Quote from An Unseen Current: This island is full of private little wars. Mostly it just pays to be polite and keep your head down.Ahhhh…. The Islands

Sounds so dreamy and vacation-y, doesn’t it? I’m working on book four of my San Juan Islands Mystery series.  A book that I have been swearing that I will get to for about three years. And I’m finally doing it! And good lordy do I hate the islands. It’s not vacation. It’s a slog.  All of which is completely unfair to the islands. It’s not their fault that I’ve been procrastinating.  Or that I named three different people Cooper.  Or that I chucked out at least three different plots before I got to this one.

So Whose Fault is it?

Oh.  Yeah. It’s mine.  But taking responsibility really throws off a good rant. Part of the problem is that past self did not set me up for success. At three books in, you would think that I would do what I usually do with a series – start a spreadsheet.  Keeping a spreadsheet of characters names, a general description, and what books they appear in really cuts back on how many people are named Cooper.  (We’re now down to one.  The other two got magical name changes.) But when I started the series I didn’t intend for it to be a series. It was supposed to be a fun standalone mystery about an ex-actress and her ex-CIA agent grandfather solving mysteries in the islands of Washington State. The problem is that Tish and Tobias Yearly are funny and fun to hang out with.  Also, they just keep finding bodies, so… they keep needing more books.  It is not my fault.  It’s theirs. Blame the Yearlys.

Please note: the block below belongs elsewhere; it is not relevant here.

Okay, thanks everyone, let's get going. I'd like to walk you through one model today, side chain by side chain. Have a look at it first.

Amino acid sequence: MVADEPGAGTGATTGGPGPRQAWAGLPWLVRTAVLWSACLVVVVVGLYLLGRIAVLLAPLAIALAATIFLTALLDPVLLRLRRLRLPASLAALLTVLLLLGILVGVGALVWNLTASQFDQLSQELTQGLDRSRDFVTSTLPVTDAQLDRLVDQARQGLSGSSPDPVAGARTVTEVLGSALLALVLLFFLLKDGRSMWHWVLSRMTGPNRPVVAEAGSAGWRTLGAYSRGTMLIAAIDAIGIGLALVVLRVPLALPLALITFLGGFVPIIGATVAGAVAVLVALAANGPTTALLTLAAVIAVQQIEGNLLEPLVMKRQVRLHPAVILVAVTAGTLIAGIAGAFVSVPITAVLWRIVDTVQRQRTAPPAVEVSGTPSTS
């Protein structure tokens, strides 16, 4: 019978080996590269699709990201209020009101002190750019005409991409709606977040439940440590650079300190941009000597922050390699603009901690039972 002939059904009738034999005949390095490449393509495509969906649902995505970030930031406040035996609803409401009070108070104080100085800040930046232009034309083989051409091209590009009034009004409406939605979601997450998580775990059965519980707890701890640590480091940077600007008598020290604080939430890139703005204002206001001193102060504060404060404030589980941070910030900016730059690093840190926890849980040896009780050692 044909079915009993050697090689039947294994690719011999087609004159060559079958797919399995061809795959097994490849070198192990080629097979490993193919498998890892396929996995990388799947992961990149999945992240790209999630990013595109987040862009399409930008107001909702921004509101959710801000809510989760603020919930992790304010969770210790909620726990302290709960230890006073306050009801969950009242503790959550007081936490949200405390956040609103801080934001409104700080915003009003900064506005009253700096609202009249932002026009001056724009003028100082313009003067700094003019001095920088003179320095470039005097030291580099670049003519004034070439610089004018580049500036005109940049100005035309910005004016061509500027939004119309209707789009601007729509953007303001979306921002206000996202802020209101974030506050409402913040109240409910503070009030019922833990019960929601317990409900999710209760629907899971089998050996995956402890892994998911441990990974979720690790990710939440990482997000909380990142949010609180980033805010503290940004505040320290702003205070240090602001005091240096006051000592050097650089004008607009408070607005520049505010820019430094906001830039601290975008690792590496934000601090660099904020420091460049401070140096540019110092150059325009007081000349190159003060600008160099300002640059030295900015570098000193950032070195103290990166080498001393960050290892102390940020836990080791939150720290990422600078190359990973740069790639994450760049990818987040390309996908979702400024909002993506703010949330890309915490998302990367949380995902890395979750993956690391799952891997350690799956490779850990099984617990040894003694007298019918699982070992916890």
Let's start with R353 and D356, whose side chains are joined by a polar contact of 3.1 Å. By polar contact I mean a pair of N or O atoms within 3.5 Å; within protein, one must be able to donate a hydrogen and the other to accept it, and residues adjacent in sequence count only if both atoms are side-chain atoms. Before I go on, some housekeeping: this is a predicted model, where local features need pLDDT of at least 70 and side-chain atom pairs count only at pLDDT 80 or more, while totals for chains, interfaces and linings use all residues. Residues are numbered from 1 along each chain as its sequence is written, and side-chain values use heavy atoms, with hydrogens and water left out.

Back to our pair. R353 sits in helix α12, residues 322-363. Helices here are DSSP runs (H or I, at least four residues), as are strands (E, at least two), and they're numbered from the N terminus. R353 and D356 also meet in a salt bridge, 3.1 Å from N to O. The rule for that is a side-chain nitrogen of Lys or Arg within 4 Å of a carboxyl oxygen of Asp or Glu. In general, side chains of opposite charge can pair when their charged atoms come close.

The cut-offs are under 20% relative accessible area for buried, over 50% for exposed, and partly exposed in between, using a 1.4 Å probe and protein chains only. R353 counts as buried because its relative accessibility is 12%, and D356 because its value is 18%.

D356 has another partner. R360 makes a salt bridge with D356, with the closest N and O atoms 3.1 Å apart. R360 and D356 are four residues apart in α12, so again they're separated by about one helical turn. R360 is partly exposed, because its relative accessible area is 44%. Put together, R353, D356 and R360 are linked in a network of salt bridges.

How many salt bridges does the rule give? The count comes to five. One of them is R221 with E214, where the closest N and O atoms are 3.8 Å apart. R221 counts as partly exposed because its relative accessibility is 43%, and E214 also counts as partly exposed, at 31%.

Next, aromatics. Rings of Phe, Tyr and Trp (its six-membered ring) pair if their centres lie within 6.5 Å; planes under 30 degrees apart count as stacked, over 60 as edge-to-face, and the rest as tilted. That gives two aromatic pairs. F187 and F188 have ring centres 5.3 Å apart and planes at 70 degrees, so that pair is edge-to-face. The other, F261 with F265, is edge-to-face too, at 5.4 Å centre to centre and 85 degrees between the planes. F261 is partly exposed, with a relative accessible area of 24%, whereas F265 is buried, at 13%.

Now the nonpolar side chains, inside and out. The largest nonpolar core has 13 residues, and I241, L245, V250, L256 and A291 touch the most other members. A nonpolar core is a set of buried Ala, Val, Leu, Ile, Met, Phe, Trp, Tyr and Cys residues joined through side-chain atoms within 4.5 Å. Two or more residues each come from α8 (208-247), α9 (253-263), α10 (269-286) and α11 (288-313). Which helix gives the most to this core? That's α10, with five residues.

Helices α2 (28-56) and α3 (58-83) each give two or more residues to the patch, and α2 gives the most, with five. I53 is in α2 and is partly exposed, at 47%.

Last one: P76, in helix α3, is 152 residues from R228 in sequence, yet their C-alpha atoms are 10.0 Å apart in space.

And What Are You Going to do About it?